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JCIE Report: Reinvigorating US-Japan Policy Dialogue and Study

Executive Summary

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In recent years, there has been a growing sense that the nongovernmental underpinnings of US-Japan relations are deteriorating. This is evident in the challenges facing Japanese studies in US universities, the difficulties that grassroots organizations have in sustaining cultural exchanges, and the gradual weakening of US-Japan business dialogue. This slide is especially apparent, though, in the very area that has the greatest immediate impact on US-Japan relations—the field of nongovernmental policy dialogue and study.

A new JCIE report concludes that the time has come to acknowledge that the institutional base of US-Japan policy dialogue and study has become dangerously weak, and it recommends that leaders from diverse sectors in both countries undertake a joint effort to strengthen this base. Such an initiative would help reduce the types of misunderstandings that have complicated the relationship in recent years, better equip the two countries to cooperate on a host of pressing regional and global challenges, and lay the foundation for a strong and vibrant bilateral partnership for decades to come.

Key Findings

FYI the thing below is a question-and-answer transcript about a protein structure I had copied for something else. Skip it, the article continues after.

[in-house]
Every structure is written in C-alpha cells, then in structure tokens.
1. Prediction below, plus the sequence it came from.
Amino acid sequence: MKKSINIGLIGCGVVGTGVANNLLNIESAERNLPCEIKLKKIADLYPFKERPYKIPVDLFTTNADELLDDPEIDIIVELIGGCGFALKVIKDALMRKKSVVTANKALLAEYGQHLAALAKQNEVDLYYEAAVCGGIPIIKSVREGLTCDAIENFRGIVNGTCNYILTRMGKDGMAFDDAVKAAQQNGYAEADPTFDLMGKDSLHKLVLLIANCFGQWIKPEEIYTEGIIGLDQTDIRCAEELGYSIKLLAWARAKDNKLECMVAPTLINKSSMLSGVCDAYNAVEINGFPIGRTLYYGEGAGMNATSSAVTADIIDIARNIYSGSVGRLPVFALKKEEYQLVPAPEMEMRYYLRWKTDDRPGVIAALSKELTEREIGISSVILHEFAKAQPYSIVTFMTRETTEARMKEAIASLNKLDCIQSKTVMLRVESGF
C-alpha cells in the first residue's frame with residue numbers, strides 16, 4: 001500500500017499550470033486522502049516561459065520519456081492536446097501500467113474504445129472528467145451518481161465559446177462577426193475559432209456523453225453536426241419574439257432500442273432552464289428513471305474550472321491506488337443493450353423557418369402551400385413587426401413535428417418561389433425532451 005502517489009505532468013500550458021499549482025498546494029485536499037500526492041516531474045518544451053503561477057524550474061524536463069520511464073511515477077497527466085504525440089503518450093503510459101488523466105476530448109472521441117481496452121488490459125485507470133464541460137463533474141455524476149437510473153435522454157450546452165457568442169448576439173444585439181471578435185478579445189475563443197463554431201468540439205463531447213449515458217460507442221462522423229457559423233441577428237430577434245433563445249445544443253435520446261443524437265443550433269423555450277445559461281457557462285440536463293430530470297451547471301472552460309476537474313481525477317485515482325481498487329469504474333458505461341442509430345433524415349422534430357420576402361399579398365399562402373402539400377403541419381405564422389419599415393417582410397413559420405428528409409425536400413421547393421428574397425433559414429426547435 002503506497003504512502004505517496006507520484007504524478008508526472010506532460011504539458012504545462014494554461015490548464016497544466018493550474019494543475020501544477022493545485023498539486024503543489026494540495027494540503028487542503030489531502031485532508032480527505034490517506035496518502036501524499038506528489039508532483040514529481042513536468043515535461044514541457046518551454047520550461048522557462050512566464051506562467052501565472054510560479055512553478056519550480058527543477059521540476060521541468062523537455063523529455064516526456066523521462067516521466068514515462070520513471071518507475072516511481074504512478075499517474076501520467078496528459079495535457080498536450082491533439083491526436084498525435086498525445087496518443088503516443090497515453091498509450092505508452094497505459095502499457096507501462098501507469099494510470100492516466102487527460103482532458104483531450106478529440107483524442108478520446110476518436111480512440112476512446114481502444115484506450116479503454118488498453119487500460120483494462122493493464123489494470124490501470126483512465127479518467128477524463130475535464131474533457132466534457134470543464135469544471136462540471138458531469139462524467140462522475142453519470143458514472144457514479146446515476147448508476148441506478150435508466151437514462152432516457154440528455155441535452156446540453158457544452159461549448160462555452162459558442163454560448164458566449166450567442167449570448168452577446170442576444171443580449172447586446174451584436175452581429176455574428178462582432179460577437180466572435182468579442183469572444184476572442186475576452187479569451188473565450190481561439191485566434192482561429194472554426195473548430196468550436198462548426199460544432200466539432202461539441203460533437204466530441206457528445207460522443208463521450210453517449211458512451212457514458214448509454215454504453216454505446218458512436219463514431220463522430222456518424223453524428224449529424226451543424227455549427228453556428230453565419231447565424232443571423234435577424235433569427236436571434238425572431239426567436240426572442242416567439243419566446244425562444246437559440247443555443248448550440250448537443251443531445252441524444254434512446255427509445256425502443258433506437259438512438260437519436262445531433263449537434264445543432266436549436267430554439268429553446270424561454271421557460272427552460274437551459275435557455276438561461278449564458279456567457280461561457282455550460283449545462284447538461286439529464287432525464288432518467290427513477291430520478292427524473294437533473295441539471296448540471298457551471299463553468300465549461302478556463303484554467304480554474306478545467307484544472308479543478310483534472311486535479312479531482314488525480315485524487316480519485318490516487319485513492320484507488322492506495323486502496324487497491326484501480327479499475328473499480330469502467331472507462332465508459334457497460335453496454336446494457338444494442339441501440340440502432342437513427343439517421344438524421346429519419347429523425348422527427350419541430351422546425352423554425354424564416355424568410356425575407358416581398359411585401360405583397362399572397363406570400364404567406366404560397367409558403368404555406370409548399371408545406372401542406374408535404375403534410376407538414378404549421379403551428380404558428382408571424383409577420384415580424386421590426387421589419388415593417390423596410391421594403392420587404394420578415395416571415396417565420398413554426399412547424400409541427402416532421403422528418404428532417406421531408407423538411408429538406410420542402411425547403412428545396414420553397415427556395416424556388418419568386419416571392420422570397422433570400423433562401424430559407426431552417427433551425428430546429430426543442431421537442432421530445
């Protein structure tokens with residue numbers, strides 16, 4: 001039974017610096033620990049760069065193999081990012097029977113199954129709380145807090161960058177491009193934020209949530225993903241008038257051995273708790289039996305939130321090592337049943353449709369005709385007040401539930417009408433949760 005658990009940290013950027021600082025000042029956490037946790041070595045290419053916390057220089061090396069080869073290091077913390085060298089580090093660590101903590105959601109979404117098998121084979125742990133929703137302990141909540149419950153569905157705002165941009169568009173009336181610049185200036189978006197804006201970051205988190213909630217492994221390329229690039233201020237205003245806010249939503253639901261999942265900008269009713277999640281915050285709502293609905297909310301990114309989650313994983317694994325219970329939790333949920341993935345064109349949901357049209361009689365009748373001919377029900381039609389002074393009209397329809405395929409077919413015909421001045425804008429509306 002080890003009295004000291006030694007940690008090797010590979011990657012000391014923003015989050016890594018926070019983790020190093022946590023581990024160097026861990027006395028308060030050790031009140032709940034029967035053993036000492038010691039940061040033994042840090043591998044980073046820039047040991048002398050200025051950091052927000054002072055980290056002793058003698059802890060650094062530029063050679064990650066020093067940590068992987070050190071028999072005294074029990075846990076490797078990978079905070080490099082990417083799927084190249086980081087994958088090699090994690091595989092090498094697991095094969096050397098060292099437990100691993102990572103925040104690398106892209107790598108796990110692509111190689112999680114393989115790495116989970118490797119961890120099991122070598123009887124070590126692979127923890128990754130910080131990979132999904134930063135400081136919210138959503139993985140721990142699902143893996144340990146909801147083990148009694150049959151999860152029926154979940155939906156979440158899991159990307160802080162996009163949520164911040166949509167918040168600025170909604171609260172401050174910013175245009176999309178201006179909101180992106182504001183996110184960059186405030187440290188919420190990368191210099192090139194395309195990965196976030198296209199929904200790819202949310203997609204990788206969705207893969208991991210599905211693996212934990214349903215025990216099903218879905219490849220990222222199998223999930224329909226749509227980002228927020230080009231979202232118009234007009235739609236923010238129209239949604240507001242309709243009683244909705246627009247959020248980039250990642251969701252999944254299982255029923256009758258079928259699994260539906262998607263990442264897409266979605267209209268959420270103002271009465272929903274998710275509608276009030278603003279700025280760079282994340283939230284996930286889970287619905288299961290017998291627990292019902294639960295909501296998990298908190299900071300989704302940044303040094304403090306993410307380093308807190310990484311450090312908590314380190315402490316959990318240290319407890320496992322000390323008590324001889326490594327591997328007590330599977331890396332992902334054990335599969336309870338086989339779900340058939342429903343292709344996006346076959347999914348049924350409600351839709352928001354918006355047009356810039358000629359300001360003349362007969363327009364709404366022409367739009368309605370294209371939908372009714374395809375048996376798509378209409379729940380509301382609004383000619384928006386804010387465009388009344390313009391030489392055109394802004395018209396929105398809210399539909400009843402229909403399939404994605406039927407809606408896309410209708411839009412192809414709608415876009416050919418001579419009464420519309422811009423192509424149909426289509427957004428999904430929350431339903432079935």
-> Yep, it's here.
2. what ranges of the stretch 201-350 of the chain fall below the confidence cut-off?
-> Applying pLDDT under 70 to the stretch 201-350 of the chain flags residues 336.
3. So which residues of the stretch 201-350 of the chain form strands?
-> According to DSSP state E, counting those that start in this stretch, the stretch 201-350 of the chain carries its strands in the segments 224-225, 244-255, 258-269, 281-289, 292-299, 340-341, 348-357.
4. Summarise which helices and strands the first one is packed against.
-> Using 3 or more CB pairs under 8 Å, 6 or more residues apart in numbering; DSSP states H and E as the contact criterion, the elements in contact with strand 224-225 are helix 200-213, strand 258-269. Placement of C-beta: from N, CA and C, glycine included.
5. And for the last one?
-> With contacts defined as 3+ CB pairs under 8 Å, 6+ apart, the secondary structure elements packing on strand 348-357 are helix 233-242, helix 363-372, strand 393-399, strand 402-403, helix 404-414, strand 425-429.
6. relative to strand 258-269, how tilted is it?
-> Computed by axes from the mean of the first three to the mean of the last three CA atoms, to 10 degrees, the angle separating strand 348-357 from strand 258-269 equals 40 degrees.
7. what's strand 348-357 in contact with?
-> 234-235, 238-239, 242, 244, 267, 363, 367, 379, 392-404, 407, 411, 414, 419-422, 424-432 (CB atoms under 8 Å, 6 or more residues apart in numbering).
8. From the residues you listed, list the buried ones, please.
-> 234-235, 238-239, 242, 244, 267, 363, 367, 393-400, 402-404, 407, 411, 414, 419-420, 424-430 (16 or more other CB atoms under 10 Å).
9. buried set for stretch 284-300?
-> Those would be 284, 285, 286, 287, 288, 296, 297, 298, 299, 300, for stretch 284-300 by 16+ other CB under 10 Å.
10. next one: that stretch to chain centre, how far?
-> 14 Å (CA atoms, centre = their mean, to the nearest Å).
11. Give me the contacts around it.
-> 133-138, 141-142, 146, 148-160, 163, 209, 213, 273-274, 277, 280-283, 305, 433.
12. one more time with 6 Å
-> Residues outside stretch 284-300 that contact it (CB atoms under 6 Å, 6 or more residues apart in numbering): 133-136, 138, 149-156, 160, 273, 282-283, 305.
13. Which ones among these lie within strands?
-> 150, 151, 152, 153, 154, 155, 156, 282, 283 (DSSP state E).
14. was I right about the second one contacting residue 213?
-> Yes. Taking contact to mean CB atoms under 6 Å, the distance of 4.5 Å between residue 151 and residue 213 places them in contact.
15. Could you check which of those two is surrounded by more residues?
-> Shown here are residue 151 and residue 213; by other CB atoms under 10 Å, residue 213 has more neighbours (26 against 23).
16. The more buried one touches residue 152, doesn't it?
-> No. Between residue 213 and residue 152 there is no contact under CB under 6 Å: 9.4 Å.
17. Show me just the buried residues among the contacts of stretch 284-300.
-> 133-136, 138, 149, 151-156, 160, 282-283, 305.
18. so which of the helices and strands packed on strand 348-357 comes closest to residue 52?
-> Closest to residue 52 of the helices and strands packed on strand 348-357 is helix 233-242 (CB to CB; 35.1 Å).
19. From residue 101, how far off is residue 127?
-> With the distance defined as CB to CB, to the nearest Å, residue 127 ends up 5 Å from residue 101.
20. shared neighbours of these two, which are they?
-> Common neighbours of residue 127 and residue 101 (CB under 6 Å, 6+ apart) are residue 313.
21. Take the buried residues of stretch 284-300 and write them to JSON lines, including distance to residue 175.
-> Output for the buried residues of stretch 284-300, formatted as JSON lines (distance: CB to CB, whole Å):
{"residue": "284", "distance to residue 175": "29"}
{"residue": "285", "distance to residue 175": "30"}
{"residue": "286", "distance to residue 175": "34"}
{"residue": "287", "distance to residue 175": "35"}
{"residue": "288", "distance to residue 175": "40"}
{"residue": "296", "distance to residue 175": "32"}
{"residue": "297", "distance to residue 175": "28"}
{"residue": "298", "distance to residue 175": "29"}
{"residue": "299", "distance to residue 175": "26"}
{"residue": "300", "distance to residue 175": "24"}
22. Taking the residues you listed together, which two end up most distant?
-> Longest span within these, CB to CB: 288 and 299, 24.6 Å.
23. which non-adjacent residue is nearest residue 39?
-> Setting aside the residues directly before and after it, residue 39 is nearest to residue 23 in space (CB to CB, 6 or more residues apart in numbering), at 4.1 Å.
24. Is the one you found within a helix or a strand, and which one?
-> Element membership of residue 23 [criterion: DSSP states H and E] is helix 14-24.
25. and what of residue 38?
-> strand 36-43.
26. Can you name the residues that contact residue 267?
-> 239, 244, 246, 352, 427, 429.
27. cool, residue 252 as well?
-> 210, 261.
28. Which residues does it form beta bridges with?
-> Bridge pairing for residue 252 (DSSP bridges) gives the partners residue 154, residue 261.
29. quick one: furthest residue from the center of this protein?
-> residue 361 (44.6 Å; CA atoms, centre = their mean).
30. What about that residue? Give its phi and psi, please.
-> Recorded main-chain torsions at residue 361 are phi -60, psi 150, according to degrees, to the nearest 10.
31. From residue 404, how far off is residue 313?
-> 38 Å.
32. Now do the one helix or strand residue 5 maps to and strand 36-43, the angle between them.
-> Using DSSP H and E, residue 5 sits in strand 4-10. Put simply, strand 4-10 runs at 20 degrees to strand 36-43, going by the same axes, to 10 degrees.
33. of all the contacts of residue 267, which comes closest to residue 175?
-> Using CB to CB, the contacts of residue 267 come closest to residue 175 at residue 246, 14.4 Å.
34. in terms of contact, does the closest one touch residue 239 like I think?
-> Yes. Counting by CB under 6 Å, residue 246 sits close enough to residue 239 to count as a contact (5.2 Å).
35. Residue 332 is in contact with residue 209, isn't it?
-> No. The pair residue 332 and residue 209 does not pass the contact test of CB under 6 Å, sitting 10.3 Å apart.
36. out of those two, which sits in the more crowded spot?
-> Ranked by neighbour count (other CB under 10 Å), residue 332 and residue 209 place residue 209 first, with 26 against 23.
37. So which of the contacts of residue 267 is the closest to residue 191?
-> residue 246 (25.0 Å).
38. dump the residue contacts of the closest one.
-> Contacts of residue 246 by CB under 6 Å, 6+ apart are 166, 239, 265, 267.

US-Japan dialogue and study has declined significantly in the past decade.

The decrease in substantive interactions between policy experts and political leaders is reflected in the declining level of US-Japan activities hosted by think tanks and exchange organizations.
  • The capacity of Japan’s policy institutes to engage in substantive dialogue and study has deteriorated considerably over the past decade.
  • Policy dialogue and study on Japan at influential Washington think tanks has also declined. The number with major activities specifically on US-Japan relations dropped from 20 to 10 in the past decade. By 2009, more than twice as many had major activities on US-China relations than on US-Japan relations, with more than 40 senior staff focusing primarily on China—nearly 10 times the number of Japan experts.
  • The number of Congressional members visiting Japan is down 70–75% from the late 1990s, and, now, almost 7 times as many Congressional members visit Germany than Japan, more than 3 times as many go to France and the UK, and twice as many visit China.

Mutual frustrations have accumulated in US-Japan policy circles.

Many Americans and Japanese in the field are concerned that policy dialogue has not sufficiently been dealing with the most important long-term issues facing the two countries.

The institutional base for US-Japan policy dialogue and study has significantly eroded.

Many of the nongovernmental institutions that facilitate US-Japan policy interactions have grown substantially weaker over the past decade, especially on the Japanese side.

  • The budgets of Japan’s five most active and established international affairs institutes fell nearly 40% in the 1998­­–2008 period. This drop has been further exacerbated in the past year by declining government support and the jigyo shiwake budget-cutting process.
  • Institutional ties between American and Japanese policy institutes have withered, mainly due to weakness on the Japanese side. As a result, US think tanks are twice as likely to partner on joint projects with Chinese organizations than with Japanese ones.
  • There is now a serious risk that a number of Japan’s leading nongovernmental policy institutes active in US-Japan affairs will not survive another decade.